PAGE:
Battle Between the Cultural Evolutionists and the Cultural Relativists
* Article: Fernlund, Kevin Jon. 2020. “The Great Battle of the Books between the Cultural Evolutionists and the Cultural Relativists: from the Beginning of Infinity to the End of History.” Journal of Big History 4(3): 6-30.
"The idea that societies or cultures can evolve and, therefore, can be compared and grad-ed has been central to modern history, in general, and to big history, in particular, which seeks to unite natural and human history; biology and culture. However, while extremely useful, this notion is not without significant moral and ethical challenges, which has been noted by scholars. This article is a short intellectual history of the idea of cultural evolution and its critics, the cultural relativists, from the Age of the Enlightenment, what David Deutsch called the “beginning of infinity,” to the neo-Hegelianism of Francis Fukuyama. The emphasis here is on Europe and the Americas and the argument is that the universal evolutionism of the Enlightenment ultimately prevailed over historical particularism, as global disparities in social development, which were once profound, narrowed or even disappeared altogether."
Kevin Jon Fernlund:
"Humans individually or collectively learn new things all the time, and they may pass on this newly ac-quired knowledge to the next generation through formal or informal means. This is precisely how cultural evolution, or what one might call Lamarckian evolution, works. The idea was discovered and given full expression by the Enlightenment.
The modern idea that cultures have evolved and that they have the capability to progress, however, did not originate with the advent of critical history during the Enlightenment, marked by the eighteenth-century histories of David Hume, William Robertson, and Edward Gibbon. Rather, the idea formed earlier in the sixteenth and seventeenth-centuries, when English philosopher Francis Bacon looked back to Antiquity and opined that modern inventions have set the modern world apart from the ancient world.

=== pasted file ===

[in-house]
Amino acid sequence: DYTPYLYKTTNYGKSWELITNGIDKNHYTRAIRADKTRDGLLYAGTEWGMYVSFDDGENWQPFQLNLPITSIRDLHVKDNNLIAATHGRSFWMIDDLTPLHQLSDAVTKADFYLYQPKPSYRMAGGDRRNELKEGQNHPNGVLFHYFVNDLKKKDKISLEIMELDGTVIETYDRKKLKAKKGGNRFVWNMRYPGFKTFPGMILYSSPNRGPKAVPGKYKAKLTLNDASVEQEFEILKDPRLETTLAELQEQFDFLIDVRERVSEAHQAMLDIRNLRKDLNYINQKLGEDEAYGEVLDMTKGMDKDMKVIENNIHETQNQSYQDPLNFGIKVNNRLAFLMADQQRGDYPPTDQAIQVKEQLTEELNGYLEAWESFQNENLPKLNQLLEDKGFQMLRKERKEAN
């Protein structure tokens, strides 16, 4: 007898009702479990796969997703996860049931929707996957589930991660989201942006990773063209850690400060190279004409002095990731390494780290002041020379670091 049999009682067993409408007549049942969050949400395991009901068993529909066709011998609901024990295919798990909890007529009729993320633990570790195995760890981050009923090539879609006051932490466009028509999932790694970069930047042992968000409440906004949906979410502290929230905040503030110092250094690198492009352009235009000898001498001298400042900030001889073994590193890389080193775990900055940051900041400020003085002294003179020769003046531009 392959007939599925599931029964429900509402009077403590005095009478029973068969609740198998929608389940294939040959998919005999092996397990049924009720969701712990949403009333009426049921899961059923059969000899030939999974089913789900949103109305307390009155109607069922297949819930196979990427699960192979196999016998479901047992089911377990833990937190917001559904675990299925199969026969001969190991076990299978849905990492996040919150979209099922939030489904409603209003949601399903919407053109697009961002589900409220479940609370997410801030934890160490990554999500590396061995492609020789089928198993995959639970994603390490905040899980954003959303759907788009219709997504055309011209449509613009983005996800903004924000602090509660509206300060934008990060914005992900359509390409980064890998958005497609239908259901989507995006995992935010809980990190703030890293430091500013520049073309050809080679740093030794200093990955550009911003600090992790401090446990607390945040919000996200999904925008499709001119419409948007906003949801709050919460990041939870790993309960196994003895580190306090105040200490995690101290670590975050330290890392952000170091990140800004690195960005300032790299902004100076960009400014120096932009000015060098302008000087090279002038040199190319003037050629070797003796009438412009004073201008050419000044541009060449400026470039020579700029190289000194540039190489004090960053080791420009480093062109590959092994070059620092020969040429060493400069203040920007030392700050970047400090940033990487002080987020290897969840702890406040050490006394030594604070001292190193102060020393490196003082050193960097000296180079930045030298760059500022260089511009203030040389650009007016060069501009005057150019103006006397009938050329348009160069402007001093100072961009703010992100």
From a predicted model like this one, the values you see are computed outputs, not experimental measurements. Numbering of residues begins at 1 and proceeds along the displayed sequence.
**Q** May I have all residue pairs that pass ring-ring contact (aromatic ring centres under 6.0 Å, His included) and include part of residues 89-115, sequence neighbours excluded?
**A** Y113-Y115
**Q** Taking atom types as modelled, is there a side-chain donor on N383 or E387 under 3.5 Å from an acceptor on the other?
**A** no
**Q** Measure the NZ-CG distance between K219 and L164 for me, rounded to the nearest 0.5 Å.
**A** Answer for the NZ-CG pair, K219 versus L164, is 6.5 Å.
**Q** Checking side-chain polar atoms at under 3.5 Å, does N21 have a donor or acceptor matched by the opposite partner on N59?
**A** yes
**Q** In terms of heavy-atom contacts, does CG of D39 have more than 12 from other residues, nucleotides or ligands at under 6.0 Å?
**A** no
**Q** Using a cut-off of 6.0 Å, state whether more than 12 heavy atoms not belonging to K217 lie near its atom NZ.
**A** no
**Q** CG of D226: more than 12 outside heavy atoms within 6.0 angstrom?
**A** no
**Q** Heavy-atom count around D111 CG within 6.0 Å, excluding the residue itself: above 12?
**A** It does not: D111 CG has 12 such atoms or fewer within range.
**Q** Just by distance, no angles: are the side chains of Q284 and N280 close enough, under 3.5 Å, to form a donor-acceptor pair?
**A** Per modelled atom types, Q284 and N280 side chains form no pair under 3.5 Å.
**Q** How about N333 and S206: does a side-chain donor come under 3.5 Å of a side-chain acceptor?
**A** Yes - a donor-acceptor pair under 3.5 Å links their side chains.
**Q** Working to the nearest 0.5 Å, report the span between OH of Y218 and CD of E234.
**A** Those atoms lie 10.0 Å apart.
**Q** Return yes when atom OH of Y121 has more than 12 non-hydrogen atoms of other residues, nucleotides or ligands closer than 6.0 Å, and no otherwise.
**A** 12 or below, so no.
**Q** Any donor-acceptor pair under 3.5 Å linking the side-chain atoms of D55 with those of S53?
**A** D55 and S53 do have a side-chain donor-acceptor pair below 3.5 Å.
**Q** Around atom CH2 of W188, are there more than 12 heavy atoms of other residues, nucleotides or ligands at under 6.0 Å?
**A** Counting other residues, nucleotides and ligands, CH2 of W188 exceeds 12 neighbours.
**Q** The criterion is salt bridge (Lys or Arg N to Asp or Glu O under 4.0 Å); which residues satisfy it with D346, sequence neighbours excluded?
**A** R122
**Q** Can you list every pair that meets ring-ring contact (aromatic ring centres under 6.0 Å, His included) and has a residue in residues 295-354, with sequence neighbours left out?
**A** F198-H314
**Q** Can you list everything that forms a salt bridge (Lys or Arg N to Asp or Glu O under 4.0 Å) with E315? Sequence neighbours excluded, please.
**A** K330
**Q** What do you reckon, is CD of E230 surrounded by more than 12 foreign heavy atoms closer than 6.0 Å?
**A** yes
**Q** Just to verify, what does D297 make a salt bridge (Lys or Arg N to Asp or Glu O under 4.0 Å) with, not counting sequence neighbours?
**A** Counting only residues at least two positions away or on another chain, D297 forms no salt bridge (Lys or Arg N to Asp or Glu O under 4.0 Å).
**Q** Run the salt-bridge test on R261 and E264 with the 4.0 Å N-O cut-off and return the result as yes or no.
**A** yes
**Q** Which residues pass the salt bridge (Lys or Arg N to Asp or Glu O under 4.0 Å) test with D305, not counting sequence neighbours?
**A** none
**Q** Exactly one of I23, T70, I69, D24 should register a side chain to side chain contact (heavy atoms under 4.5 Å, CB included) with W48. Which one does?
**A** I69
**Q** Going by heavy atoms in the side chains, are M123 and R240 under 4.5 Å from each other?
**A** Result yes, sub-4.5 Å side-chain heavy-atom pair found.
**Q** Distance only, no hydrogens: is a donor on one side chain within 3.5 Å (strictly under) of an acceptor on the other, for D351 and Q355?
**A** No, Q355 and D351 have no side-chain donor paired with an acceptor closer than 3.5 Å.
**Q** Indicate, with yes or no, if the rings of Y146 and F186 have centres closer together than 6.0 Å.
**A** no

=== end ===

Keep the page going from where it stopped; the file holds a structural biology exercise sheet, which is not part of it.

- We should notice the force, effect, and consequences of inventions, which are nowhere more conspicuous than in those three which were unknown to the ancients; namely, print-ing, gunpowder, and the compass. For these three have changed the appearance and state of the whole world: first in literature, then in warfare, and lastly in navigation; and innumerable changes have been thence derived, so that no empire, sect, or star, appears to have exercised a greater power and influence on human affairs than these mechanical discoveries.
Bacon was making the case for the Moderns in the Ancients versus the Moderns debate, which grew out of the Renaissance, with the rediscovery of classical learning, and intensified during the Scientific Revolution. Modern Europeans, Bacon argued, could see farther and better than their ancestors because they had powerful new optical instruments, such as the telescope and the micro-scope. Crucially, because of the scientific method (the testing of hypotheses), the Moderns had the tools and means to think better than the An-cients. Not to be outdone by the scientists, scholars also developed the humanistic method to think better, which perhaps no one expressed better than did the Victorian educator Matthew Arnold. In an essay entitled “Culture and Anarchy” (1869), he wrote that culture ought to be the pursuit of our total perfection by means of get-ting to know, on all the matters which most concern us, the best which has been thought and said in the world; and through this knowledge, turning a stream of fresh and free thought upon our stock notions and habits.
Implicit in Bacon’s argument for the superiority of the present over the past is the notion of progress, that knowledge could be increased, and that society, therefore, could be improved upon over what it had been before."